Will My House Work OK For Recording?

I have recorded in a lot of different places, and have always been able to make it work. If your house is ok for rehearsals, it’s probably ok for recording. Of course, there are some problems that need to be dealt with: Do you have a dog that barks? A baby in the house that cries? Loud traffic outside? These issues can make some tracking difficult, particularly vocals. But if you have a closet, bedroom, or bathroom, we can work it out. It’s best to setup in the largest room available in most cases, but when I arrive, we can discuss the best setup.

What Kind Of Gear Do You Have?

All of my gear is portable, and modern. I personally think that gear lists are a bit silly, you’re not hiring the gear so much as you’re hiring my skills.

Do You Track The Band All At Once, or Individually?

We can work however you are most comfortable. For expediency, and to get the most “live” feel, we can track live, with no headphones. The instruments will be routed to individual tracks to allow for punch-ins and mix flexibility, of course. On the other hand, if you prefer to track one instrument at a time, that is always an option. Sometimes, better separation can be achieved this way. Ideally, though, I would record the drums, bass and guitars simultaneously, then go back and add vocals, and any other overdubs.

Will We Wear Headphones?

This is totally up to you. If we’re running the bass direct, headphones will probably be required (I have a headphone amp, and plenty of extension cables, splitters, headphones, etc.) On the other hand, if your bass player is using an amp, and everyone is comfortable tracking in one room, headphones may not be necessary. Skipping phones can make the session go a lot faster, and I think it helps preserve the natural feel of the performance (you don’t wear phones on stage, or at rehearsal, do you?)

How Much Is This Going To Cost?

How much you spend will depend largely on the scope of your project, and your readiness to record. Doing two songs, which are well-rehearsed and ready to go may take only an afternoon. Recording an entire album with lots of overdubs and effects may take several days. Other considerations include whether you’ll be taking the project to a mastering engineer, and how many copies you plan to manufacture. You can see my current pricing and request a recording quote here.

Do You Do Mastering?

I don’t offer mastering services, as I define “mastering”. I recommend that you go to Sweet Spot Productions, or another mastering facility. Some guy with Pro Tools and some Waves Plug-ins is not a mastering facility. Having said that, I can make the recordings suitably loud on CD, so that they don’t stand out as overly quiet when played next to your other commercial CDs. And if budget is a big concern, I can do a quickie eq and leveling, to make your CD more “finished.” However, I don’t claim to compete with a facility like SAE, with their high-end gear, well-tuned room, and years of experience.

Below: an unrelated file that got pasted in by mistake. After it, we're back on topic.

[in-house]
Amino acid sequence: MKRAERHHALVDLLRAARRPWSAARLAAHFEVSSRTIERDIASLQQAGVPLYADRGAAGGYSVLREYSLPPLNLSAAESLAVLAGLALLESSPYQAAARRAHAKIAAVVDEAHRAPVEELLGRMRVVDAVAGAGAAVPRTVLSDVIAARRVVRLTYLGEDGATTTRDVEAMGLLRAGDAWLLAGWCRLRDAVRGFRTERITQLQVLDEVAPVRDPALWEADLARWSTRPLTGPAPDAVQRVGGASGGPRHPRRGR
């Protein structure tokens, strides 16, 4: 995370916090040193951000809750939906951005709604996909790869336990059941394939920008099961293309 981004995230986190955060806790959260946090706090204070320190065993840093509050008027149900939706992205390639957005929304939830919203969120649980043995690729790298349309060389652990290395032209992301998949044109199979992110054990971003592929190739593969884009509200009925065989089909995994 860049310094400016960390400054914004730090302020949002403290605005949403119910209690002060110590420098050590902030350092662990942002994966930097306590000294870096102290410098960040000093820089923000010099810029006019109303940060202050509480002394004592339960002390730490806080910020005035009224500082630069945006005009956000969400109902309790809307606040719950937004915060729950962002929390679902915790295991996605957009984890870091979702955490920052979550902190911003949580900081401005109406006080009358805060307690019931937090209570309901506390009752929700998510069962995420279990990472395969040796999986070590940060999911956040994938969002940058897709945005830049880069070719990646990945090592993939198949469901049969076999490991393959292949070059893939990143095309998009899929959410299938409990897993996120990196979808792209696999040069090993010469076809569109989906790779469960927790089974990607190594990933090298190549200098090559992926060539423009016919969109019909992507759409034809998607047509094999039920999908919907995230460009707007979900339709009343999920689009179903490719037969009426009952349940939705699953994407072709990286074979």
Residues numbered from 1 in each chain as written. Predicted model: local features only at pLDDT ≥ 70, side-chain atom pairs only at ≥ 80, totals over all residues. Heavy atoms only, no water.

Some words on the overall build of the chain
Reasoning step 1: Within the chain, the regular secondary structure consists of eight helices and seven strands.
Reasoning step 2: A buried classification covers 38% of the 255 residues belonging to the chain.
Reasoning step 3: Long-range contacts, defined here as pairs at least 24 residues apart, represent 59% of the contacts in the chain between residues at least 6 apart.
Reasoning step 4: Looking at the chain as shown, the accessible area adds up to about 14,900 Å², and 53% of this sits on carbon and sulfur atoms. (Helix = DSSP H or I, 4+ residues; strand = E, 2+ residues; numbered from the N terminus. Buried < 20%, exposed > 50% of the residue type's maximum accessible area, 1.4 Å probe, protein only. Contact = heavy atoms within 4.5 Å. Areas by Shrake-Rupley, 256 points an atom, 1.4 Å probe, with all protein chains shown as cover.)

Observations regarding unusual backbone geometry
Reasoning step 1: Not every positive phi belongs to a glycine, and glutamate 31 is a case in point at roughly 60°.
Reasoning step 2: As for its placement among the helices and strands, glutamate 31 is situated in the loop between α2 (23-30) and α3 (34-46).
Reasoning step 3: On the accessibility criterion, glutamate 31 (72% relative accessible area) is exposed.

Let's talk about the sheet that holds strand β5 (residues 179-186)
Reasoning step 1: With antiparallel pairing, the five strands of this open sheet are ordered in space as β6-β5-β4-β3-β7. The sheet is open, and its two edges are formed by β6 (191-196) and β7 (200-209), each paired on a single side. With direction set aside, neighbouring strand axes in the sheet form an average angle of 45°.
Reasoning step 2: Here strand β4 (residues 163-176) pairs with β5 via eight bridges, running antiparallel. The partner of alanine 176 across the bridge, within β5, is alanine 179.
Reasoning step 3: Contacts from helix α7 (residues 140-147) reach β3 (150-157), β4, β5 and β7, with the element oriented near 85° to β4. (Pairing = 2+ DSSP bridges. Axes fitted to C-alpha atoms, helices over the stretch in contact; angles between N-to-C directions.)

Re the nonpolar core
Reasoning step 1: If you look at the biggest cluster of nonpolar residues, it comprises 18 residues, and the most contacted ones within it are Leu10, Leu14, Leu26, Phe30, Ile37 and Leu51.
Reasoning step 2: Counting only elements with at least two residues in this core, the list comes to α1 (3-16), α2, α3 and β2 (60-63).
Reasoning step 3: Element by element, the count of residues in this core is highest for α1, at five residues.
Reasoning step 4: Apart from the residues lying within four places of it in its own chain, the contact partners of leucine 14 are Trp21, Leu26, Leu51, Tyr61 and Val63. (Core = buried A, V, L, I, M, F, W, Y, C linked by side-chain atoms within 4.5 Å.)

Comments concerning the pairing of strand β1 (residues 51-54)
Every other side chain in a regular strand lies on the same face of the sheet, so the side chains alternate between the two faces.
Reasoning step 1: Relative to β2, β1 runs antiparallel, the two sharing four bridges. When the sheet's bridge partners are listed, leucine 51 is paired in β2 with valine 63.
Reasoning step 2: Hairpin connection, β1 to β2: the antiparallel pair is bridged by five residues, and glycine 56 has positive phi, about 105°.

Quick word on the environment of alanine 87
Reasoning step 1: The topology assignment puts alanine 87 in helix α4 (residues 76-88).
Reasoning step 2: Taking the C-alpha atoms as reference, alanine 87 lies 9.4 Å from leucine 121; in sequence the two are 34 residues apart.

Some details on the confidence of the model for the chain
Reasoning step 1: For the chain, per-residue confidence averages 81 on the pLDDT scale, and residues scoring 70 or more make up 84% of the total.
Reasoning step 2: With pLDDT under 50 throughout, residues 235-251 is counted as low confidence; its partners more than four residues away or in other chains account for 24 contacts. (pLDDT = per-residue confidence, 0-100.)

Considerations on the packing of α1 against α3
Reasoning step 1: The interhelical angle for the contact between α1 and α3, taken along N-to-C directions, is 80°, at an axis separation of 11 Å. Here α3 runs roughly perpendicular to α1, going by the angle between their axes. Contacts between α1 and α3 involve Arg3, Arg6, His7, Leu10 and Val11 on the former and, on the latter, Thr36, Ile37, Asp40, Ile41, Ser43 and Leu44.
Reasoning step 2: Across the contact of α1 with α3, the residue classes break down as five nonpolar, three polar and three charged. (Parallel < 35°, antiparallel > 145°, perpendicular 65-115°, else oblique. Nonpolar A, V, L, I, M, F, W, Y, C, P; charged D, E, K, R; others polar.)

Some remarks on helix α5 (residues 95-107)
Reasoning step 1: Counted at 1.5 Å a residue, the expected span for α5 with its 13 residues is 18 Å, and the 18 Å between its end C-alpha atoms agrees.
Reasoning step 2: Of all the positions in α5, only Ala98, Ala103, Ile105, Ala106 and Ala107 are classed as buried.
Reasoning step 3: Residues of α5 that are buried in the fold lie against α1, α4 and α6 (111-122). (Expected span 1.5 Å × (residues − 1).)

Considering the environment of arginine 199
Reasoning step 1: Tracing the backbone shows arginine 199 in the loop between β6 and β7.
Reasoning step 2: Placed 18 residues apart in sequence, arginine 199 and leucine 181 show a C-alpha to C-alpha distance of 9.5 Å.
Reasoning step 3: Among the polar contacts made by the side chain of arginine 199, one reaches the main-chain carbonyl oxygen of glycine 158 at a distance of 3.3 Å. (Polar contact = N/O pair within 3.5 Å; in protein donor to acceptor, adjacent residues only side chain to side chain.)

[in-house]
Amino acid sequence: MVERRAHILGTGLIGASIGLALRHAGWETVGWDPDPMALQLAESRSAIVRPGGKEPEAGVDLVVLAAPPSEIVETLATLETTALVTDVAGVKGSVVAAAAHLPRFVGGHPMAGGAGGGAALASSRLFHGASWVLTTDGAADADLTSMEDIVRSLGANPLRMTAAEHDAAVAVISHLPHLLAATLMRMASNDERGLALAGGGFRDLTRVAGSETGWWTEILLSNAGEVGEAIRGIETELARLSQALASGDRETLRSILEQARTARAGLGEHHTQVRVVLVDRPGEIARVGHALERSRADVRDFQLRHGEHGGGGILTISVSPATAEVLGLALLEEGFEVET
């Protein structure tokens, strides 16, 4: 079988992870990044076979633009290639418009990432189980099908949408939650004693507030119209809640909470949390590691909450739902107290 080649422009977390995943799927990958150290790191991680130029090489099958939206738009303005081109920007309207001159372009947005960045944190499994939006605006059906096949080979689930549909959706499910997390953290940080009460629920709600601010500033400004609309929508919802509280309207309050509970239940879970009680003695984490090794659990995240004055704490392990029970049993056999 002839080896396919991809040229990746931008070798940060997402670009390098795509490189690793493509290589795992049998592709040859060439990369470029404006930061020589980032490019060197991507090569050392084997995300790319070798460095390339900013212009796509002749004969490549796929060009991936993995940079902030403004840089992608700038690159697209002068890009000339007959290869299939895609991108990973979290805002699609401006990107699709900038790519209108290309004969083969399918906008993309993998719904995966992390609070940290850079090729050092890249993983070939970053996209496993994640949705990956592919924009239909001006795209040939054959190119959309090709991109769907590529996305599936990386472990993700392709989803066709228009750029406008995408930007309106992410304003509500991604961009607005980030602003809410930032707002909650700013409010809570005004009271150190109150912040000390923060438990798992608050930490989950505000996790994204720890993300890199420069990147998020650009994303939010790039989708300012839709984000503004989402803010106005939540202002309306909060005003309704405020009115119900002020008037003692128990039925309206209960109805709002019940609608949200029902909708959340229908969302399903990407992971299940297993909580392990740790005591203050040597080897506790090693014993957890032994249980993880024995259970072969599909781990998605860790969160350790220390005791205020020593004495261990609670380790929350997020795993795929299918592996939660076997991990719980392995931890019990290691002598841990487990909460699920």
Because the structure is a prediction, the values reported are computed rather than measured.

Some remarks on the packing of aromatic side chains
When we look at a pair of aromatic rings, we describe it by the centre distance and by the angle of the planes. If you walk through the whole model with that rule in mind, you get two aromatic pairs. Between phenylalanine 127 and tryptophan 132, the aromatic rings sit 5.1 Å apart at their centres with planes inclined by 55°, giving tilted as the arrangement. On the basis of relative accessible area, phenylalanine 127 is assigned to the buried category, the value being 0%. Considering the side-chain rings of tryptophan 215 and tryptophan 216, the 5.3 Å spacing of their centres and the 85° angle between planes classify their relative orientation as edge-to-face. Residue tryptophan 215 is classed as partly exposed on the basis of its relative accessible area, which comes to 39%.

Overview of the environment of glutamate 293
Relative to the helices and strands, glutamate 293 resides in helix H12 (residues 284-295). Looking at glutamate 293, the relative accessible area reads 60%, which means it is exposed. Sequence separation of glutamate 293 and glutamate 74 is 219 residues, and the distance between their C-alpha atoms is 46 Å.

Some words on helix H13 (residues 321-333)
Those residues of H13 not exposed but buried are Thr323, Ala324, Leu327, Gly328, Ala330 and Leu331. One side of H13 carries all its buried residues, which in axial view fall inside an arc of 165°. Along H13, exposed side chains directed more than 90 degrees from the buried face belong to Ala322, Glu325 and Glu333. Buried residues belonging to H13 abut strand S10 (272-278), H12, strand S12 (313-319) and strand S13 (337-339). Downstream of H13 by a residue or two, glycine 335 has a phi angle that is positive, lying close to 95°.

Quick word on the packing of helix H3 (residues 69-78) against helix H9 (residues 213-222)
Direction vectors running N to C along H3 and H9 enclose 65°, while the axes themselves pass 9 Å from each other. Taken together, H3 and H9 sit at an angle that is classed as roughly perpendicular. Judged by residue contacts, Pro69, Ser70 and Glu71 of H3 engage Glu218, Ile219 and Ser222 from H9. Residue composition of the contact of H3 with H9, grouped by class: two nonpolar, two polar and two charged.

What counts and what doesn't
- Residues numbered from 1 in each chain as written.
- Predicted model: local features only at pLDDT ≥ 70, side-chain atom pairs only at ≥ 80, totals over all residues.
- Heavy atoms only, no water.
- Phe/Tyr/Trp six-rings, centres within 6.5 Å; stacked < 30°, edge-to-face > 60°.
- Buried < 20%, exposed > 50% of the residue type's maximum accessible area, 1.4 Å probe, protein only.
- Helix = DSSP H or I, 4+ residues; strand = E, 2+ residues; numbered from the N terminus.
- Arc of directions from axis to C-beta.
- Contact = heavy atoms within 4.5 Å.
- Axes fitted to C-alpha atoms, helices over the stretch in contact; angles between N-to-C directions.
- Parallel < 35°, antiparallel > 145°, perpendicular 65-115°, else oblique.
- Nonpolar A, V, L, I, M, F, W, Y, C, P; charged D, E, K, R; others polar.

How and When Should I Pay?

I accept payment via Paypal (Visa, Mastercard, etc), check, or cash. You can pay me at the end of each day of recording, or at the end of a project, if the recording and mixing happen on sequential days. I don’t keep accounts open, and I don’t send out bills, so please be prepared to pay for your services on the day of your session.

Will You Keep Our Master Tracks on File?

I keep every project on the Hard Drive it was recorded to, and also backup the files to DVD. This DVD will be kept off-site, to insure that it will survive even if some catastrophe should befall the hard drive. Of course, recording programs evolve, as do storage mediums. I will always do my best to keep your project backwards compatible. If you need to move to another platform (Pro Tools, for example), we can flatten the tracks to a universal format like .WAV files. It’s important to keep this information safe, one day your daughter may want to sing a duet with you, (ala Natalie Cole)!

How Long Did It Take To Learn All This Stuff?

I am always learning new things, of course, but I’ve been doing recording in one form or another since I was about 14 (1985). Of course, those first recordings were on a reel to reel TEAC machine! I studied recording a bit in college, and have engineered or assisted on many sessions over the years. Nothing teaches like experience, and the more I do this, the more I learn. So, I suppose the answer to that question is “My whole life.” My advice to anyone wanting to get into recording is simple: Buy yourself some gear and get started. Study, read, observe, listen. I don’t have a position on recording schools like The Conservatory, but I never attended one. I tend to think that you’re better off spending that tuition money on gear and sessions, but everyone makes their own choices in that regard.